Such people who contributed much in the establishment of sign language include Stokoe who encountered myriads of challenges in learning the language and developing it.
For many years pope considered sign language as a primitive form of language compared to the spoken one, but stoke has managed to change this mentality possessed by many members of the society. Stokoe (1993) with his colleagues learnt to communicate in sign language and they wrote a first dictionary of sign language Stokoe made the deaf people in America to be recognized and by celebrating their culture with them, which made the society to accept them. Additionally, Stokoe and his team made communication between the deaf people and the normal people to be simple after they explained the meaning of the signs and expressions used by the deaf in their dictionary. Fischer (2000) commented that the linguistic experts were able to show that spoken language and sign language are equal.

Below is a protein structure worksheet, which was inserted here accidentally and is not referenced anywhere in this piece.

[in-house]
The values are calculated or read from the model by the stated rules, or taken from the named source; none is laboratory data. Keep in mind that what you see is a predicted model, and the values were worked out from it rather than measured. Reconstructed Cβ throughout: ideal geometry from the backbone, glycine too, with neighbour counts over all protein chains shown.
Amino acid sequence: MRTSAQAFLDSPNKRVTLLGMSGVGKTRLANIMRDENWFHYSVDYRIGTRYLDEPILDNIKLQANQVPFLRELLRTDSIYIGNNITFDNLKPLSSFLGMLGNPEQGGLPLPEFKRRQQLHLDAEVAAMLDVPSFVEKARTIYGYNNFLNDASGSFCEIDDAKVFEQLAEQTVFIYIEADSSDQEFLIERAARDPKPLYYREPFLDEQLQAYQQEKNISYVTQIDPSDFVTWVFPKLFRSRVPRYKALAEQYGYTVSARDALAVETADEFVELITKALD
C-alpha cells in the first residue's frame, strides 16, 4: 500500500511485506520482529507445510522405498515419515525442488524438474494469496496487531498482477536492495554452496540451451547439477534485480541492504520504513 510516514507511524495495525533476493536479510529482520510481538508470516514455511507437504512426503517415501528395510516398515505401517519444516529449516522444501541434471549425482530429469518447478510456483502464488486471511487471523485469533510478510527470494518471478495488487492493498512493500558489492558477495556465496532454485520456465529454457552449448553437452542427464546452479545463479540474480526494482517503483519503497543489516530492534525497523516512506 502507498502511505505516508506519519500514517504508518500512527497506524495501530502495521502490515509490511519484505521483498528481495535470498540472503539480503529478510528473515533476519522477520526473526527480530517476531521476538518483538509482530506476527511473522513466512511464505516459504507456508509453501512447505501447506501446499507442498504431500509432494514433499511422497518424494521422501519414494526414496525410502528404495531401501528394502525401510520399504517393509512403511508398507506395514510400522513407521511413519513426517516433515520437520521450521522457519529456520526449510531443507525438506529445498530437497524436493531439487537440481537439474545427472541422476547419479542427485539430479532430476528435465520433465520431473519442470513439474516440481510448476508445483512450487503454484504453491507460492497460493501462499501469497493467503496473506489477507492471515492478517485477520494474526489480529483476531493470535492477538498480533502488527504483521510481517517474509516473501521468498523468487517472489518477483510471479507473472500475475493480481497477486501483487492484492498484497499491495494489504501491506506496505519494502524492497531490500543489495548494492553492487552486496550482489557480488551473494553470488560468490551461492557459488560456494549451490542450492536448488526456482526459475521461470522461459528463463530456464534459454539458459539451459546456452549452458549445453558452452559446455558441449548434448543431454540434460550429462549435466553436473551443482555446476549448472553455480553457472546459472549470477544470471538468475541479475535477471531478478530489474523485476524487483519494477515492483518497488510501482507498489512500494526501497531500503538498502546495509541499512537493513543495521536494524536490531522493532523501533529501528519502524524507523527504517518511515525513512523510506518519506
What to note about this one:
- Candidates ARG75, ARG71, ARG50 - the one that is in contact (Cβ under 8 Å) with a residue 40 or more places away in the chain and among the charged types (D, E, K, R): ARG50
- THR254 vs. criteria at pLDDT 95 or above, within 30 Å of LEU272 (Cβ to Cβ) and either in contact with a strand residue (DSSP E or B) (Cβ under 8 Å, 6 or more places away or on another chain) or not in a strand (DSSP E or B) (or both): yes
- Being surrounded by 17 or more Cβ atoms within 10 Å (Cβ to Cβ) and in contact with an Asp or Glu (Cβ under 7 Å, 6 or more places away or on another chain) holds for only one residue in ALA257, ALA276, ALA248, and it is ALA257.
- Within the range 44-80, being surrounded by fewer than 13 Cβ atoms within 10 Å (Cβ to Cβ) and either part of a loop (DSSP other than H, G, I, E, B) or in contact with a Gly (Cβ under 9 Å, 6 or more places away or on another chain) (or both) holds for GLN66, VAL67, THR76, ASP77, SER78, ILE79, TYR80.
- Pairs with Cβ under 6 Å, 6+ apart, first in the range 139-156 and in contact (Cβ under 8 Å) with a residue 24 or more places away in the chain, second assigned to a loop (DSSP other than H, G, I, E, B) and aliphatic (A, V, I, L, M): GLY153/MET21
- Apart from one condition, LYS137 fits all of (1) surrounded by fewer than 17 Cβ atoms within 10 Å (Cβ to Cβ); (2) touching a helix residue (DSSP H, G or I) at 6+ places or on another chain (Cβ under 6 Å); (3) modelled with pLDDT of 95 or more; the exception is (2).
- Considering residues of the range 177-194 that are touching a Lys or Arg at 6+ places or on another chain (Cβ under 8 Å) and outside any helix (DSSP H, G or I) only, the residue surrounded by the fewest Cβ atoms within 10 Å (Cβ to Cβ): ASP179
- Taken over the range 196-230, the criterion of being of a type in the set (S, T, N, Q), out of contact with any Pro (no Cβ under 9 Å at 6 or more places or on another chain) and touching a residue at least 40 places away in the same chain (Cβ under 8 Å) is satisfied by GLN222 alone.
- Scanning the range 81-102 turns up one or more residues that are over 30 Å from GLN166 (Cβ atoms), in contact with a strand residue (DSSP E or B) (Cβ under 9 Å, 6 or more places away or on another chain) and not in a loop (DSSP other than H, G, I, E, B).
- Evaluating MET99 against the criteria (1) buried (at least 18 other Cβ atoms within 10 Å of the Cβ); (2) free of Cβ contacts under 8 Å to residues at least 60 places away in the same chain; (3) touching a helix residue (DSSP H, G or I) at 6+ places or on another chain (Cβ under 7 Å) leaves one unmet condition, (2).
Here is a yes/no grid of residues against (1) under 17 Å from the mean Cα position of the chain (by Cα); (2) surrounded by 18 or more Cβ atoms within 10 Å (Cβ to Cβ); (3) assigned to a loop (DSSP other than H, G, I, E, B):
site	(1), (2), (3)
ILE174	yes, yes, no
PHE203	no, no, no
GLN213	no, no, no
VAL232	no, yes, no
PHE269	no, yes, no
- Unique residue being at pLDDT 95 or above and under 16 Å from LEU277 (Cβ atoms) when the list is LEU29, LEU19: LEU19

Apart from Stokoe, several other linguistic experts chipped in their efforts in to form American Sign Language. Carl and Dorothy, who were colleagues of stoke learnt the sign language of the deaf and dumb students and used them to compose a sign language dictionary. Dorothy typed a copy of the sign language while Stokoe worked on the symbols. Karl, Kodak, and Moviola assisted Stokoe to collect form materials for the writing from different deaf centers (Stokoe, 1993). The deaf editors and other deaf and dumb people from all walks of life supported Stokoe and his colleagues by providing labels that provided the meaning to the words used in that dictionary. There was a formal agreement between the deaf editors and Stokoe’s team on the convenience of the labels used.
Making the American Sign Language was not an easy task to Stokoe and his colleagues as they faced severe resistance from both the deaf and the hearing communities. Carl, who assisted him information about ASL, had a challenge in learning a doctorate in ...Show more